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Stay updated on the latest issues impacting the spirits industry. The DISCUS Facebook page contains news clips, action alerts and opportunities to get involved. Like us now!

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There's no beverage of moderation, only the practice of moderation.

Understanding Moderation

Part of responsible drinking is understanding that a standard drink of beer, distilled spirits and wine each contains the same amount of alcohol. It's not what you drink, it's how much that counts.

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There's no beverage of moderation, only the practice of moderation.

Committed to Responsibility

For more than 75 years, the spirits industry has adhered to a rigorous set of standards for beverage alcohol advertising and marketing. Click here to learn more about the Code.

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Higher Alcohol Taxes Mean Job Losses for Maryland's Hospitality Industry; Massive Alcohol Tax will Cost Jobs, Revenue

March 8, 2005 07:00 PM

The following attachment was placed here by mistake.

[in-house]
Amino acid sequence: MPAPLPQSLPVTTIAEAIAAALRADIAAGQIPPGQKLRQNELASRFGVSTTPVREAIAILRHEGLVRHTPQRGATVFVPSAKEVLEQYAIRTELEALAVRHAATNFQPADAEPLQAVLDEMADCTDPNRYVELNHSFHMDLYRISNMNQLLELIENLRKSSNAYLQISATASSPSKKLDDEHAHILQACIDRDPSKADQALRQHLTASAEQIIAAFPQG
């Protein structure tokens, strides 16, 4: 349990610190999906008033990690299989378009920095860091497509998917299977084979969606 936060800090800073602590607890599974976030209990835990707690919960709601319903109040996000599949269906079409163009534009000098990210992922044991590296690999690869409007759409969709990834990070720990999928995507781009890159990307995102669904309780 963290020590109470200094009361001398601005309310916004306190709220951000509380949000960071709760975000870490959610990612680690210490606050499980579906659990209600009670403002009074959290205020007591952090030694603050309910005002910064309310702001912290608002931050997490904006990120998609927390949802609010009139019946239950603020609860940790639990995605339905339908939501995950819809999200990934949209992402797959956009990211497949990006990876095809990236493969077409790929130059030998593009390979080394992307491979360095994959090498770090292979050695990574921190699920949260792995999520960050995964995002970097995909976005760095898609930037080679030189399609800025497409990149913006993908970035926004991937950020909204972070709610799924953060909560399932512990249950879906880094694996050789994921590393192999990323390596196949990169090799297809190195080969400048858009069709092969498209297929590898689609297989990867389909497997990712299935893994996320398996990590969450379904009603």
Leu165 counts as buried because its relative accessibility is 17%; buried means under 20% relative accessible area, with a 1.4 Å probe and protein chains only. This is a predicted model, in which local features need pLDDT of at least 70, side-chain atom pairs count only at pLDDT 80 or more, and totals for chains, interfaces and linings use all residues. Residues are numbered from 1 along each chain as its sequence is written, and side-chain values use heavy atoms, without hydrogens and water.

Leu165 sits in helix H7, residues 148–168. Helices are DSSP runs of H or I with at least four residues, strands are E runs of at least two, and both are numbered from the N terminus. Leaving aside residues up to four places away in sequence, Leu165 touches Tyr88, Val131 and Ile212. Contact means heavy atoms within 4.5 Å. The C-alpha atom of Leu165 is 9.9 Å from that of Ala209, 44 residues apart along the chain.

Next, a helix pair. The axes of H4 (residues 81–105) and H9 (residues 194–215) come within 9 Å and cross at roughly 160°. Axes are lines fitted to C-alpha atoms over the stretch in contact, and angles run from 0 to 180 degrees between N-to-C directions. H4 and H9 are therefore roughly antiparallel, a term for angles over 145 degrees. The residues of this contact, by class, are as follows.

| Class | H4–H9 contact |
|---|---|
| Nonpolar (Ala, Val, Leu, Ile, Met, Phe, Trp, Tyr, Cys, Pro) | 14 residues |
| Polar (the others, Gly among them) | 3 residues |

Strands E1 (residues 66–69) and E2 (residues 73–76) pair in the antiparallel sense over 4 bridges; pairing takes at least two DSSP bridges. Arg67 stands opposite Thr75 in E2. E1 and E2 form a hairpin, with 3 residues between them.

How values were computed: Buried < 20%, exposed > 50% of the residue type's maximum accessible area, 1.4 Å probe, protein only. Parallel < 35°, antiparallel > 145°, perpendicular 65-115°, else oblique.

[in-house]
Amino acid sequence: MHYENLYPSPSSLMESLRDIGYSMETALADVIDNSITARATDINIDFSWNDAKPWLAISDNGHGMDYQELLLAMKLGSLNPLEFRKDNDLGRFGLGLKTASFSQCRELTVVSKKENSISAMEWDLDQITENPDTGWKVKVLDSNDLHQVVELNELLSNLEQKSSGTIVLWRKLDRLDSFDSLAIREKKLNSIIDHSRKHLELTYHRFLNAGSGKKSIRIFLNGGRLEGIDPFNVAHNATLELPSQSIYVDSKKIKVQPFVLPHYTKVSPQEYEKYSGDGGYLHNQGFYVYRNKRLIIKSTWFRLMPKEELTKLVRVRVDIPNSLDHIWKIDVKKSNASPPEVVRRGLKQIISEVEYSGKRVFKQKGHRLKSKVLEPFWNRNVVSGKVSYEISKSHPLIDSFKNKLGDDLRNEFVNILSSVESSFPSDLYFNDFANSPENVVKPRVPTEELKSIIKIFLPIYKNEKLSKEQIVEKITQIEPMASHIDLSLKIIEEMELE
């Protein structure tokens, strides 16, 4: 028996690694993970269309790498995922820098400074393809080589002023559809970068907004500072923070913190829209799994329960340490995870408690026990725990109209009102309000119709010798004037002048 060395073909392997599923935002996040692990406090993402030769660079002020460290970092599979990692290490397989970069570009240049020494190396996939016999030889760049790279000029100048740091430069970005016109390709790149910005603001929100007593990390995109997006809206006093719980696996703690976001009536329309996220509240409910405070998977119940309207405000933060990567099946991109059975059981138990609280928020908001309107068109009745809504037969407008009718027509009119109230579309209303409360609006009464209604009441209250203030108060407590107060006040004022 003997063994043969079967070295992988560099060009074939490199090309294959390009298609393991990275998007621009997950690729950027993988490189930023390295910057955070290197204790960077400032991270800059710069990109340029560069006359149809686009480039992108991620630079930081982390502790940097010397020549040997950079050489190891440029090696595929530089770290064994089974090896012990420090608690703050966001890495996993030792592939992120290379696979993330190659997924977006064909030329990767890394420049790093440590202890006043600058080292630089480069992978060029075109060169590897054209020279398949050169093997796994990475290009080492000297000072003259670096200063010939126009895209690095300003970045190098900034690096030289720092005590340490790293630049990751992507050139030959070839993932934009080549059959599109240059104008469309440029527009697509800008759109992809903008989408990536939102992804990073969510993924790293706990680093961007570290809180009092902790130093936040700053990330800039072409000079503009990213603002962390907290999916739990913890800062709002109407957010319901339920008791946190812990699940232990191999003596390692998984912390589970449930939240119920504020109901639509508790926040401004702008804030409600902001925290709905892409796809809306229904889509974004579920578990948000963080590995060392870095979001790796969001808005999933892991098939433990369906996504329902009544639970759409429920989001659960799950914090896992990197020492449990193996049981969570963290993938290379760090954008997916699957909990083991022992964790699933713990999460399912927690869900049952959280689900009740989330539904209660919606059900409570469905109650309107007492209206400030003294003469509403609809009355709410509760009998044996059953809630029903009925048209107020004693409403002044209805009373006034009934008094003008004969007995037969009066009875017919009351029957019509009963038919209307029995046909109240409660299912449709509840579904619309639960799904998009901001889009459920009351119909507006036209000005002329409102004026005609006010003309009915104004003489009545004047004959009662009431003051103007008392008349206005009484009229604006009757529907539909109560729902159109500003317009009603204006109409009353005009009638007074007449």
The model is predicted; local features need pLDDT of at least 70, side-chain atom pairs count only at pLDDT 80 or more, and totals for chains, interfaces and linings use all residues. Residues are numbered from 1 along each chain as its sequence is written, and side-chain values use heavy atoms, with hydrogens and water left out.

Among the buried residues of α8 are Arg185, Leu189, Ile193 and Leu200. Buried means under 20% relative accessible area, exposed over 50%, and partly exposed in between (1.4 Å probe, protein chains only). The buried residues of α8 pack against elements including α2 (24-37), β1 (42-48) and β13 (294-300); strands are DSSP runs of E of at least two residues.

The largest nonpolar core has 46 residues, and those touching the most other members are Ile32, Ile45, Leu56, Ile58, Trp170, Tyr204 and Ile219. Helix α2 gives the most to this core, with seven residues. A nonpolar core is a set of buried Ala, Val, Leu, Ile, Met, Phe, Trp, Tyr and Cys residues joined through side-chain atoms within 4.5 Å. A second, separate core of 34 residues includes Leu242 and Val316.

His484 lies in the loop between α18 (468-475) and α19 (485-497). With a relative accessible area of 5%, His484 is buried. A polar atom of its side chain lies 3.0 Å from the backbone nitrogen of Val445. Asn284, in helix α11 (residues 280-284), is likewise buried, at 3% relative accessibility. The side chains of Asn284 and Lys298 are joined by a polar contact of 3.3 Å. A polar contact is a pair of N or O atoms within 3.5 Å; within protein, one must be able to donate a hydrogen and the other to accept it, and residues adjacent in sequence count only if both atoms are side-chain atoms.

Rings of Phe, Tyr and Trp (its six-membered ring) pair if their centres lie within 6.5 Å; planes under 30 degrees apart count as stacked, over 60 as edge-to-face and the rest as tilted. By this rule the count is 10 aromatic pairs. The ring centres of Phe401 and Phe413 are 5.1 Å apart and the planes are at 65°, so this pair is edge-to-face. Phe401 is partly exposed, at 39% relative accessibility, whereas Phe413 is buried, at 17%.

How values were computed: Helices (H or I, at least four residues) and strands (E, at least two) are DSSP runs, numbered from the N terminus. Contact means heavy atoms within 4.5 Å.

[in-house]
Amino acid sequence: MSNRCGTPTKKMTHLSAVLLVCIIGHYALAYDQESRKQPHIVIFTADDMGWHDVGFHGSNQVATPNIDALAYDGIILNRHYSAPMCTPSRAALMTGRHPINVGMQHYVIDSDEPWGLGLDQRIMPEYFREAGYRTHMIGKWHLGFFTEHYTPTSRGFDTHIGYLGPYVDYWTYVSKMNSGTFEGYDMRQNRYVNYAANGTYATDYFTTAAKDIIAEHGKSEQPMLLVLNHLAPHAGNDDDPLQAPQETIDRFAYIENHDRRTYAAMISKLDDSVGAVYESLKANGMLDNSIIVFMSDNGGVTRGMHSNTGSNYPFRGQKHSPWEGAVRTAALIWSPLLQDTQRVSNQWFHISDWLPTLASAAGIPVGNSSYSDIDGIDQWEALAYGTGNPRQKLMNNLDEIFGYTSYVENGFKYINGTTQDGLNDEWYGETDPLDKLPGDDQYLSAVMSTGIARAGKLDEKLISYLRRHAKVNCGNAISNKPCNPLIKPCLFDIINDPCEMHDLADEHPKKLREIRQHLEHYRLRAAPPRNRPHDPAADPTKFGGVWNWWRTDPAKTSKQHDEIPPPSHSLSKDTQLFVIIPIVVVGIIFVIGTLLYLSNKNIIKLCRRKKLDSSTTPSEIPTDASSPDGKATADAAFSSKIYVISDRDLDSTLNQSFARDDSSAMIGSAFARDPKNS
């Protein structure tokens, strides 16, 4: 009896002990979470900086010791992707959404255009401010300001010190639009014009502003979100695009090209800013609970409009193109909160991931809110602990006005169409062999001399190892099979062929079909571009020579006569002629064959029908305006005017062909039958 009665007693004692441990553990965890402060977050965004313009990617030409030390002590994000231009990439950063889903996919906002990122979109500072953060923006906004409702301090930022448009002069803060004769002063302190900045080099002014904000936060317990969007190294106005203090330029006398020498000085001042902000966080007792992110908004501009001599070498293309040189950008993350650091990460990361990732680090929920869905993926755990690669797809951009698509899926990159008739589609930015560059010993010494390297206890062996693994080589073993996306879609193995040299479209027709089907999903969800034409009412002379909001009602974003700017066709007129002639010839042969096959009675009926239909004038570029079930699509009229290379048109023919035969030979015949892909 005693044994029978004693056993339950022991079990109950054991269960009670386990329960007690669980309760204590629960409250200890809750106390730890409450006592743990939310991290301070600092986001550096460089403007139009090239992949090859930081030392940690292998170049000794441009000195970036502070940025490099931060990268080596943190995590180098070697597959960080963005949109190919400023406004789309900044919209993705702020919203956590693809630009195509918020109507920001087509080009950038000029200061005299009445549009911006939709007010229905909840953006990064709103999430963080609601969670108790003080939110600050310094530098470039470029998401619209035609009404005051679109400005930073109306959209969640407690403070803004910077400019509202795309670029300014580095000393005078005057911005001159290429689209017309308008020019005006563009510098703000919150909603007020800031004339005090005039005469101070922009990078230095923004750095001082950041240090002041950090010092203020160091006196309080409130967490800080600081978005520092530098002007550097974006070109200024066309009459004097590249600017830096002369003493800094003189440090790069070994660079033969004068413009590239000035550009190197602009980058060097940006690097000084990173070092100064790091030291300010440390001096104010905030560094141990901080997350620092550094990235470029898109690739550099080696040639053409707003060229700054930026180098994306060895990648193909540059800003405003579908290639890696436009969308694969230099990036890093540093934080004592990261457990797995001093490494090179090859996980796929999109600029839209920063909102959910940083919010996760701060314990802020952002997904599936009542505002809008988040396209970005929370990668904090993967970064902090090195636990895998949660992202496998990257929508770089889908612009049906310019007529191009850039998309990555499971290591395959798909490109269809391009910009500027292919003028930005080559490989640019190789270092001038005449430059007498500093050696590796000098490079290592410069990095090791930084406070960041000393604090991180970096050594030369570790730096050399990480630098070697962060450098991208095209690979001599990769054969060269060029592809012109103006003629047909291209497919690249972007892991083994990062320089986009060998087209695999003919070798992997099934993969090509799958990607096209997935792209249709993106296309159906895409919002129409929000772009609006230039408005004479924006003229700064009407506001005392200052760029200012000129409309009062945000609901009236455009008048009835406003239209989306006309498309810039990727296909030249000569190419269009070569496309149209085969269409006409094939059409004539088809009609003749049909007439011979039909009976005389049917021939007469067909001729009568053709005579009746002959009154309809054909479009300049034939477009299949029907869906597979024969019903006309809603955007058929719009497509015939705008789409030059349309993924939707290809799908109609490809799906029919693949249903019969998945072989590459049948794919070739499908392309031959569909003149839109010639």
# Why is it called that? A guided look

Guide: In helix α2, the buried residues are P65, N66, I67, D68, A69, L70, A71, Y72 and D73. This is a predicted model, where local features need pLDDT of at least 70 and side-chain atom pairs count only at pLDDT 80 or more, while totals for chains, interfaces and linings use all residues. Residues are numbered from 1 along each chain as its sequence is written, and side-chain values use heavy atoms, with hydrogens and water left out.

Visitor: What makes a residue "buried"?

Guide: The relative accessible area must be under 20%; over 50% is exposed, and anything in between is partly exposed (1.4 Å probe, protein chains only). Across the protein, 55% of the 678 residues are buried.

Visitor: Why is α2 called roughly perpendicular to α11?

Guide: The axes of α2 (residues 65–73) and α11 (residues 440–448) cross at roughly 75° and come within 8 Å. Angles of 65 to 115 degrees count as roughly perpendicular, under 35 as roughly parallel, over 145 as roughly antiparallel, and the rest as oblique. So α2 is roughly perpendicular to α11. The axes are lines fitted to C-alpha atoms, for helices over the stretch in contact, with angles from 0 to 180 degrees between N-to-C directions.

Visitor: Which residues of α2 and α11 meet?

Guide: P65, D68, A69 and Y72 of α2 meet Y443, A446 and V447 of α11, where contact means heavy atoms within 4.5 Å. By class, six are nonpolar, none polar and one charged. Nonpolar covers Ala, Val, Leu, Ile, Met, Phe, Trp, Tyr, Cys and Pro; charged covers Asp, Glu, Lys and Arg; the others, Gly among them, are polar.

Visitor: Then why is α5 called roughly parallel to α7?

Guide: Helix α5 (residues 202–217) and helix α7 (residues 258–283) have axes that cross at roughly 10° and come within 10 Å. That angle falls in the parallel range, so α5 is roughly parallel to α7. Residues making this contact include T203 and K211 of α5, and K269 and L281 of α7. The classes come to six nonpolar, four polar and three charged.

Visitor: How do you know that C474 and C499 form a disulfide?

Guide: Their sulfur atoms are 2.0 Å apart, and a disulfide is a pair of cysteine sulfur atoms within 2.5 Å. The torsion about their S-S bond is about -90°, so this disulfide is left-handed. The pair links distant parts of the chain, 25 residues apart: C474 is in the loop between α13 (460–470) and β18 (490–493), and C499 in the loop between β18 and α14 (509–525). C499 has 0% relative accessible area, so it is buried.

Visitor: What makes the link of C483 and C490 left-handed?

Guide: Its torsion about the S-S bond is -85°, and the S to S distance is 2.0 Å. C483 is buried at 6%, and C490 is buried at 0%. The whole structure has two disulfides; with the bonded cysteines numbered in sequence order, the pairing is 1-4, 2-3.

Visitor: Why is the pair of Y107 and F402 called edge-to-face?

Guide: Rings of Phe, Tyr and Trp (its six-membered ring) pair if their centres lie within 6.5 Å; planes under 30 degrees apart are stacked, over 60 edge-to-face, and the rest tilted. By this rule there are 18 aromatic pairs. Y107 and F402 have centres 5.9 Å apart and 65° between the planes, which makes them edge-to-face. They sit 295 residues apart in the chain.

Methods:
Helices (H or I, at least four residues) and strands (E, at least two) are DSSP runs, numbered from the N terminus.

ANNAPOLIS – Raising taxes on distilled spirits, beer and wine could cost Maryland 1,800 jobs, according to Distilled Spirits Council Vice President David Wojnar, who will submit testimony in opposition to SB 557, which is being heard today in the Maryland Senate Budget and Taxation Committee. The bill would increase taxes on distilled spirits by 200 percent to $4.50 per gallon, raise taxes on beer to 27 cents per gallon and wine to $1.20 per gallon. “Responsible consumers of beverage alcohol already pay more than their fair share of taxes,” said Wojnar, who pointed out that nearly 50 percent of the average cost of a 750 ml bottle of spirits in Maryland goes to pay state, local and federal taxes. “With this tax increase, prices would go up another nine percent, punishing both consumers and the hardworking men and women of the hospitality industry.” Economic studies show that additional tax increases will cause consumers to simply spend less or purchase their products at a lower price across state lines. This means job losses in Maryland’s hospitality industry and a loss of sales to bordering states. More than 27,000 Marylanders are employed by hotels, tourist sites, bars and restaurants. “It makes little sense to spend tax dollars to promote tourism and then attack the industry with higher tax rates on beverage alcohol,” said Wojnar. “The total loss, between decreased sales and sales lost to other states, would be nearly nine percent of the entire state volume of beverage alcohol purchases.” -30- CONTACT: Public Affairs Department Telephone: (202) 682-8840 SCROLLER Publication Name: Publication Author:
 

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